The comic at the very start of the book about your relationship with the city encapsulates a uniquely NYC dynamic: the many things that make this city so frustrating and difficult are also the things that endear us to it. (There should be a german word for that!) Are NYers just suckers for punishment? Do you have to get tough to make it here? If you do make it here, can you in fact make it anywhere? I think it bears noting that my NYC experience was far less stressful than the average person living and working there. I did not move to the city to make it big, I did not have an office job, I was never a small fish in a big pond, struggling for recognition. I was a waitress and cartoonist with no other aspirations than to be able to doodle for a meager living. I was a small fish in a small pond that had nothing to do with NYC. It just happened to be a city where my friends lived, so I went there. And I was lucky. The industry I work in is small, noncompetitive, and not location specific. So I can’t speak with any authority on how tough it might be to “make it” in the city.
Considering the most consistent thing about NYC might be that it will always be changing (and you should always expect it to change), are there places you would be devastated to find out closed or disappeared forever? The first two that came to mind are actually ruins or piles of trash: Seaview, the abandoned tuberculosis hospital on Staten Island, and Bottle Beach at Dead Horse Bay. If the city cleaned up all those bottles, I’d be so sad. It’s such a wonderfully weird thing that represents some of the pitfalls of planning during the city’s early years. Seaview represents a mostly forgotten part of our medical history, and every year I’m surprised those buildings don’t get demolished.
What long-shuttered places do you wish you had been able to see in real life? I would have loved to see the World’s Fair in Queens in the 1960’s. They constructed so much bizarre stuff for it, knowing most if it would only last for two years. All World’s Fairs were like this, and we have nothing like them today. I also would have loved to have seen the early incarnation of Lascoff Apothecary on the Upper East Side, which is now a Warby Parker.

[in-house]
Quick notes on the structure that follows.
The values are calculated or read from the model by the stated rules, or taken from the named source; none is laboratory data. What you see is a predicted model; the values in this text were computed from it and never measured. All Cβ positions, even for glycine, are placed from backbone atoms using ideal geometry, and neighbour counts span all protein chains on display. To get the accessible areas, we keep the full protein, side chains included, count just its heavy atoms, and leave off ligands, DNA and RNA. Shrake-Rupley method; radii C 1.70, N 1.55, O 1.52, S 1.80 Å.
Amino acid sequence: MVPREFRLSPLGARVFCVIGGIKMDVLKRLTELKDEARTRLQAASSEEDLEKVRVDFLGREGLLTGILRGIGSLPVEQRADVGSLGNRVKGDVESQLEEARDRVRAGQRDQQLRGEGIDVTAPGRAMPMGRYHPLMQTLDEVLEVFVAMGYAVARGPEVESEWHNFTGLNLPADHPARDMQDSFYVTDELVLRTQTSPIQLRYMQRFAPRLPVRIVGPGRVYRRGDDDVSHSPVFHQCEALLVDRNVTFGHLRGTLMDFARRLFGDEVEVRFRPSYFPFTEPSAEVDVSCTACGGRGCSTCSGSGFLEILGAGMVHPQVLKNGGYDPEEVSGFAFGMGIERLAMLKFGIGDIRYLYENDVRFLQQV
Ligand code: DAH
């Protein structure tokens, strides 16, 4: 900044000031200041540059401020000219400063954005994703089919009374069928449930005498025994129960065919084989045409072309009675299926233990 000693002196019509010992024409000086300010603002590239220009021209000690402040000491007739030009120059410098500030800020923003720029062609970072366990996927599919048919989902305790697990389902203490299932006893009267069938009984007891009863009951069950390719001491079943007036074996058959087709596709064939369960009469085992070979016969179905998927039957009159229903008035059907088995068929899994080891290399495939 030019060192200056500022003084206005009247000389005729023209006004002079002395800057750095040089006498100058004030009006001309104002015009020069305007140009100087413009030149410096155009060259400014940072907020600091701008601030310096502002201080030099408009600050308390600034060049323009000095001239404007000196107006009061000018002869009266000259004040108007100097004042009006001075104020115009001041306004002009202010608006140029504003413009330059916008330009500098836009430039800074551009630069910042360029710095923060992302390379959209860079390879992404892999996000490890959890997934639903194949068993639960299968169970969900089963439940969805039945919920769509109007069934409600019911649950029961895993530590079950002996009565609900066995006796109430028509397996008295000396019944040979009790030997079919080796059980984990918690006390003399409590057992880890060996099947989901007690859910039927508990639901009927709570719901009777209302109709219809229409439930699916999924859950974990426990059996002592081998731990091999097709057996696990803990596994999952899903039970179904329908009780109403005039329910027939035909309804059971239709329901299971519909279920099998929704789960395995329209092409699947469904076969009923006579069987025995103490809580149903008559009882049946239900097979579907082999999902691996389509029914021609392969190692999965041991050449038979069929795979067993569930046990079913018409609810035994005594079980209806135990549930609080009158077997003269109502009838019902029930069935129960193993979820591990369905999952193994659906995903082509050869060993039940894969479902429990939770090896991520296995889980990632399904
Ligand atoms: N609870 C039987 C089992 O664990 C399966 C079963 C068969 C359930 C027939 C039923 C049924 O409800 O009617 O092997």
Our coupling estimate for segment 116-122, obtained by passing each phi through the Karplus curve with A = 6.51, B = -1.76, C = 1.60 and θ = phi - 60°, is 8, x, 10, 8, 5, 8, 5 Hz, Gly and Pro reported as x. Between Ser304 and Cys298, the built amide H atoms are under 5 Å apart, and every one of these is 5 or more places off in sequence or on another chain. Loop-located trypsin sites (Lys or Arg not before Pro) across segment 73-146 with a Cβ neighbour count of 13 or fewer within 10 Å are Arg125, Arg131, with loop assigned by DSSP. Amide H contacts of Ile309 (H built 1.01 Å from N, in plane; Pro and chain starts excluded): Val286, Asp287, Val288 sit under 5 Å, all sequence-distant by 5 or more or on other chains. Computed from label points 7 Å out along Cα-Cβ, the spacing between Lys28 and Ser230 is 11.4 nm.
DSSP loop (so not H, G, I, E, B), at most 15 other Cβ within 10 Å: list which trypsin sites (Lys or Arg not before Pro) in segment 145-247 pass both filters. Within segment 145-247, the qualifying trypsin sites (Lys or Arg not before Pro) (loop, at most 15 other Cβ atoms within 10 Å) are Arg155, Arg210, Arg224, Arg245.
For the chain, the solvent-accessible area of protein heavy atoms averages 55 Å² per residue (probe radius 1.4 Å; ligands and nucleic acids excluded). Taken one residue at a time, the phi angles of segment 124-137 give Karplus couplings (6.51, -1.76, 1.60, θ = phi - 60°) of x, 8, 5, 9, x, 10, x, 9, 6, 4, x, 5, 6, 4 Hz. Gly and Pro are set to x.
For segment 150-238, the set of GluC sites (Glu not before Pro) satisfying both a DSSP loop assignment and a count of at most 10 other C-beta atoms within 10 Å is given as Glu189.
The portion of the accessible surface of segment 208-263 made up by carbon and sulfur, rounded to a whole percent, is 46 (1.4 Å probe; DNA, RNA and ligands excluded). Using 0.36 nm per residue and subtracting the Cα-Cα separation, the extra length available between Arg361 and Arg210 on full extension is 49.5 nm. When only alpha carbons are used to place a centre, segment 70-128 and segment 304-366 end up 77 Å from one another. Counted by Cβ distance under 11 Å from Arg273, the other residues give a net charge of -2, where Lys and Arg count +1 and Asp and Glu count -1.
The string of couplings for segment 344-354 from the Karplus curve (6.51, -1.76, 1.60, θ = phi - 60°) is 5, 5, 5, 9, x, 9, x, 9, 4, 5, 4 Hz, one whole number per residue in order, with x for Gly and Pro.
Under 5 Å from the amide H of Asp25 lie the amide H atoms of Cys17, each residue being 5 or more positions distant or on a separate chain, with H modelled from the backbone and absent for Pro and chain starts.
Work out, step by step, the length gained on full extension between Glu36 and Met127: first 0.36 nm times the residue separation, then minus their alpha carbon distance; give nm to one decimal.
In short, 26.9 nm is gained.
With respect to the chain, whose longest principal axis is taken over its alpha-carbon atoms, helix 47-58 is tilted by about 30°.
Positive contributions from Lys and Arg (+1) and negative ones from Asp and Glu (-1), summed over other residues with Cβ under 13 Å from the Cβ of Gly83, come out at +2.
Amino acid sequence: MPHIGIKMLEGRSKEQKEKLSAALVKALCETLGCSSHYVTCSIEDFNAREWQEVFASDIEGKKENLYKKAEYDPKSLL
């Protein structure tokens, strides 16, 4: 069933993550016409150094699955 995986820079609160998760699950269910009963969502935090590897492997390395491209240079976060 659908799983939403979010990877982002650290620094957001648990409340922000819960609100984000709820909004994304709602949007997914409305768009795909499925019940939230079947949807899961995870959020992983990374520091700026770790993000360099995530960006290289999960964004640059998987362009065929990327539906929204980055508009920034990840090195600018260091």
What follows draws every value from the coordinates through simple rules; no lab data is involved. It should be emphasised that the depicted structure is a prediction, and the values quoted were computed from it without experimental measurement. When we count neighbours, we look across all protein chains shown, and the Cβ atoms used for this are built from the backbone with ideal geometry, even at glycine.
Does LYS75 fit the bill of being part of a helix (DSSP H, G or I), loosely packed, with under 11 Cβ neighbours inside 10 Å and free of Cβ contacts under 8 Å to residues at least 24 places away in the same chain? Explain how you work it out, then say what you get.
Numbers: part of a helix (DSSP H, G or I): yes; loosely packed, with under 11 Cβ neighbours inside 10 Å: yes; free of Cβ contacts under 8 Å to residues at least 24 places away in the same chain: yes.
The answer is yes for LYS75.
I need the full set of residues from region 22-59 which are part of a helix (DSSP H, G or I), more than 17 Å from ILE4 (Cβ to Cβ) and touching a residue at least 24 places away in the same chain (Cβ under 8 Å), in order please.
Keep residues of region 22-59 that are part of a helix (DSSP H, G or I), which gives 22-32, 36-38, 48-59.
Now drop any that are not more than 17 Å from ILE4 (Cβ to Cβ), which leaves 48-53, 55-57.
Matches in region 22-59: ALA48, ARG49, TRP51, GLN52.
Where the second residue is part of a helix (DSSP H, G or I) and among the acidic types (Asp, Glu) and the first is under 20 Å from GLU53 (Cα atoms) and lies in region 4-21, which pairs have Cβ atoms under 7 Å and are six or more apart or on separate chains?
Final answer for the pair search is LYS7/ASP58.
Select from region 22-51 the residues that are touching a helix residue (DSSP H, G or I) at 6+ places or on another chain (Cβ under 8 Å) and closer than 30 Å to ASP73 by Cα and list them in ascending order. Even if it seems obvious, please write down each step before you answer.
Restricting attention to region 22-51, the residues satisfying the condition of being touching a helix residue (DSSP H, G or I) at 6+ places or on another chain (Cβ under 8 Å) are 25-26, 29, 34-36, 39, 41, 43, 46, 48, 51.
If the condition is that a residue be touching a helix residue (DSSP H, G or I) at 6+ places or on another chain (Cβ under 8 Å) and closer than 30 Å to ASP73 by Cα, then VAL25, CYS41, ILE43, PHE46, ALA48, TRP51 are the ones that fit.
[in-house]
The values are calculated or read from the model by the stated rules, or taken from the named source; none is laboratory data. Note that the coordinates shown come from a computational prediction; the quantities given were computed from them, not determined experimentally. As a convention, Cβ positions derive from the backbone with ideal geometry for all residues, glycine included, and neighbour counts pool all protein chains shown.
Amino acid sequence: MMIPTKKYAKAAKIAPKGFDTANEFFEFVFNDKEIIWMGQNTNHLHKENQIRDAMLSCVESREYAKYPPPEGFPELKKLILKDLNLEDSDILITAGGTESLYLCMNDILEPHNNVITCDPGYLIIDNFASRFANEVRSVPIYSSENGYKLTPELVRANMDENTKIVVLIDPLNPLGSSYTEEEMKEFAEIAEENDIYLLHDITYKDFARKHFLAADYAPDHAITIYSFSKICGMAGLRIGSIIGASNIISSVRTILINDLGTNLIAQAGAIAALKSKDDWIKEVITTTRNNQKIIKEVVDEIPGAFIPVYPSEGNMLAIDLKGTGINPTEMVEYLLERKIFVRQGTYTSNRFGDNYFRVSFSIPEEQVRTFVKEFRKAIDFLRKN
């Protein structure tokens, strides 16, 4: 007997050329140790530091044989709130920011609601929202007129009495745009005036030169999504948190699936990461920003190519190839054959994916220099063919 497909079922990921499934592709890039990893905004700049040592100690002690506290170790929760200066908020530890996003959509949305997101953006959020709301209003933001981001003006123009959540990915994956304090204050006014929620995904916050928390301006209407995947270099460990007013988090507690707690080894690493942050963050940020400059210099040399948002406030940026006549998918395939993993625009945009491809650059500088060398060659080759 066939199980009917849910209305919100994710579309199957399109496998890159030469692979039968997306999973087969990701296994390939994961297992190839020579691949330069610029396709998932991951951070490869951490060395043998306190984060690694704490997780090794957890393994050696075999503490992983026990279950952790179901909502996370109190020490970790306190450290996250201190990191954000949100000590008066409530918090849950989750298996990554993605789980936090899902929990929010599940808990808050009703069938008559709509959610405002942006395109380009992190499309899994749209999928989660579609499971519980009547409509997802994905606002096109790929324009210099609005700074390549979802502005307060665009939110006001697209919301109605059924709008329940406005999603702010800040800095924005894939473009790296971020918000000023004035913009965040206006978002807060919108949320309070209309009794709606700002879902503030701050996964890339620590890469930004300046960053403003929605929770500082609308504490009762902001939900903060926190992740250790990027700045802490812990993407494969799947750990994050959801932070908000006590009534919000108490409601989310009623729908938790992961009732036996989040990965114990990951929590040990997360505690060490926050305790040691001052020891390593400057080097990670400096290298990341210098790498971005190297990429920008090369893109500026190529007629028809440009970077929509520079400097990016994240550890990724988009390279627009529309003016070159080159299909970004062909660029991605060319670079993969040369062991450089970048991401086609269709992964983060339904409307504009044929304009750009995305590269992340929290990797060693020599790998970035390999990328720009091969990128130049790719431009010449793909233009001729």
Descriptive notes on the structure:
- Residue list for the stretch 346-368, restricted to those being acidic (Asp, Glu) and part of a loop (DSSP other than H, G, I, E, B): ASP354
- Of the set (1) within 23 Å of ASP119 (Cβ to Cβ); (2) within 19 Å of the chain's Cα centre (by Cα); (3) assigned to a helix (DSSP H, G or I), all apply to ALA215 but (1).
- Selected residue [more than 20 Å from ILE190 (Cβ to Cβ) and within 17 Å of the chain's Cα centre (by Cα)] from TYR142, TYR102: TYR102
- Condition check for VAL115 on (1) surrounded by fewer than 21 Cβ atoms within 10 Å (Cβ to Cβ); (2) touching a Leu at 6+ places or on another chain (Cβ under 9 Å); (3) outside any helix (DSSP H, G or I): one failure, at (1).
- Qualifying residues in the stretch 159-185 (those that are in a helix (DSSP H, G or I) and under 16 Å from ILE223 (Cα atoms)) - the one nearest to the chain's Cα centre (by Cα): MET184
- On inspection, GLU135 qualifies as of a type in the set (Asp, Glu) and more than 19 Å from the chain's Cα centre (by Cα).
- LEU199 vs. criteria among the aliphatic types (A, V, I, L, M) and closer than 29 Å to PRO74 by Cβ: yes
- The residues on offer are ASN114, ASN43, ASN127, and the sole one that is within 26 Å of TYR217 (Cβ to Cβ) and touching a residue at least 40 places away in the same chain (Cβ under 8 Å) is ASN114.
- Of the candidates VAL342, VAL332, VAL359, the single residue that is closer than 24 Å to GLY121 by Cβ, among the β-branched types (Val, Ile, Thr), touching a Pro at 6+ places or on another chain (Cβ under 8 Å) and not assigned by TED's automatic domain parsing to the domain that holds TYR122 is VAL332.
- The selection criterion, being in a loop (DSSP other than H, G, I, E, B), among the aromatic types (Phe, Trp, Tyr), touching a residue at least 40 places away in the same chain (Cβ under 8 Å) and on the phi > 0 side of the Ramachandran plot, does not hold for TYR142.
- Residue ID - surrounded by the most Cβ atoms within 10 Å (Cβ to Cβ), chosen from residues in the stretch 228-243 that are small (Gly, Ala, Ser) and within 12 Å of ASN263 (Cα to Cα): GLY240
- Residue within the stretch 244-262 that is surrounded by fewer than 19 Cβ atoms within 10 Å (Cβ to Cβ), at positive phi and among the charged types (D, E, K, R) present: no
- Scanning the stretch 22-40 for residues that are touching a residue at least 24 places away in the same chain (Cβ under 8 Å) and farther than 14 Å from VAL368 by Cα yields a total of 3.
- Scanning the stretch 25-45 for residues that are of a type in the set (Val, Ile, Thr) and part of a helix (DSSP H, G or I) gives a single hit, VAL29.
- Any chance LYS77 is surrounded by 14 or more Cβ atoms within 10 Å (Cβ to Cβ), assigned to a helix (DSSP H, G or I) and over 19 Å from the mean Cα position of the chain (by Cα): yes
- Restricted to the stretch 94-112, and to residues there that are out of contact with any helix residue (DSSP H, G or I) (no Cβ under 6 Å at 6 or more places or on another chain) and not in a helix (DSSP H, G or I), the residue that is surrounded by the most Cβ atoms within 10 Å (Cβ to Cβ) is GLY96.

Why did you end up leaving the city and your longtime apartment in Greenpoint? Was it a very sudden change, or did you have time to process it before leaving? I got evicted from my studio where I’d live for almost 10 years [in 2016]. It was very abrupt and very upsetting. I could have fought it and legally forced him to let me stay, but the environment had become too toxic and I couldn’t have stayed even if allowed. I didn’t have any time to process it or really think through my next move, I just packed up and went home to Northern California. It took me almost two years to process the whole thing and accept that I don’t live in the city anymore, and to be okay with that.
What do you miss most about the city a few years removed from living there? What are your feelings for the city now from afar? The thing I miss the most is walking. I was never bored in NYC. If I was, I would just start walking, and a whole day of adventure would unfold. There was so much to observe, I could entertain myself for hours just sitting in the park. A quick walk to the bodega could yield fascinating things. My favorite thing to do was to just walk aimlessly, looking at the mixture of history and modernity and being part of an eclectic cityscape and culture. Now I live in a smaller, more bucolic town, and although I’ve trained myself to see and appreciate different things here, I miss the city every day.
Considering your passion for NYC, can you see yourself moving back to the city eventually? As much as I love NYC, I love my family more, and they are West Coast based. In an ideal world, I would be able to split my time between NYC and CA, but you know what they say: “If wishes and buts were clusters and nuts, we’d all have a bowl of granola.”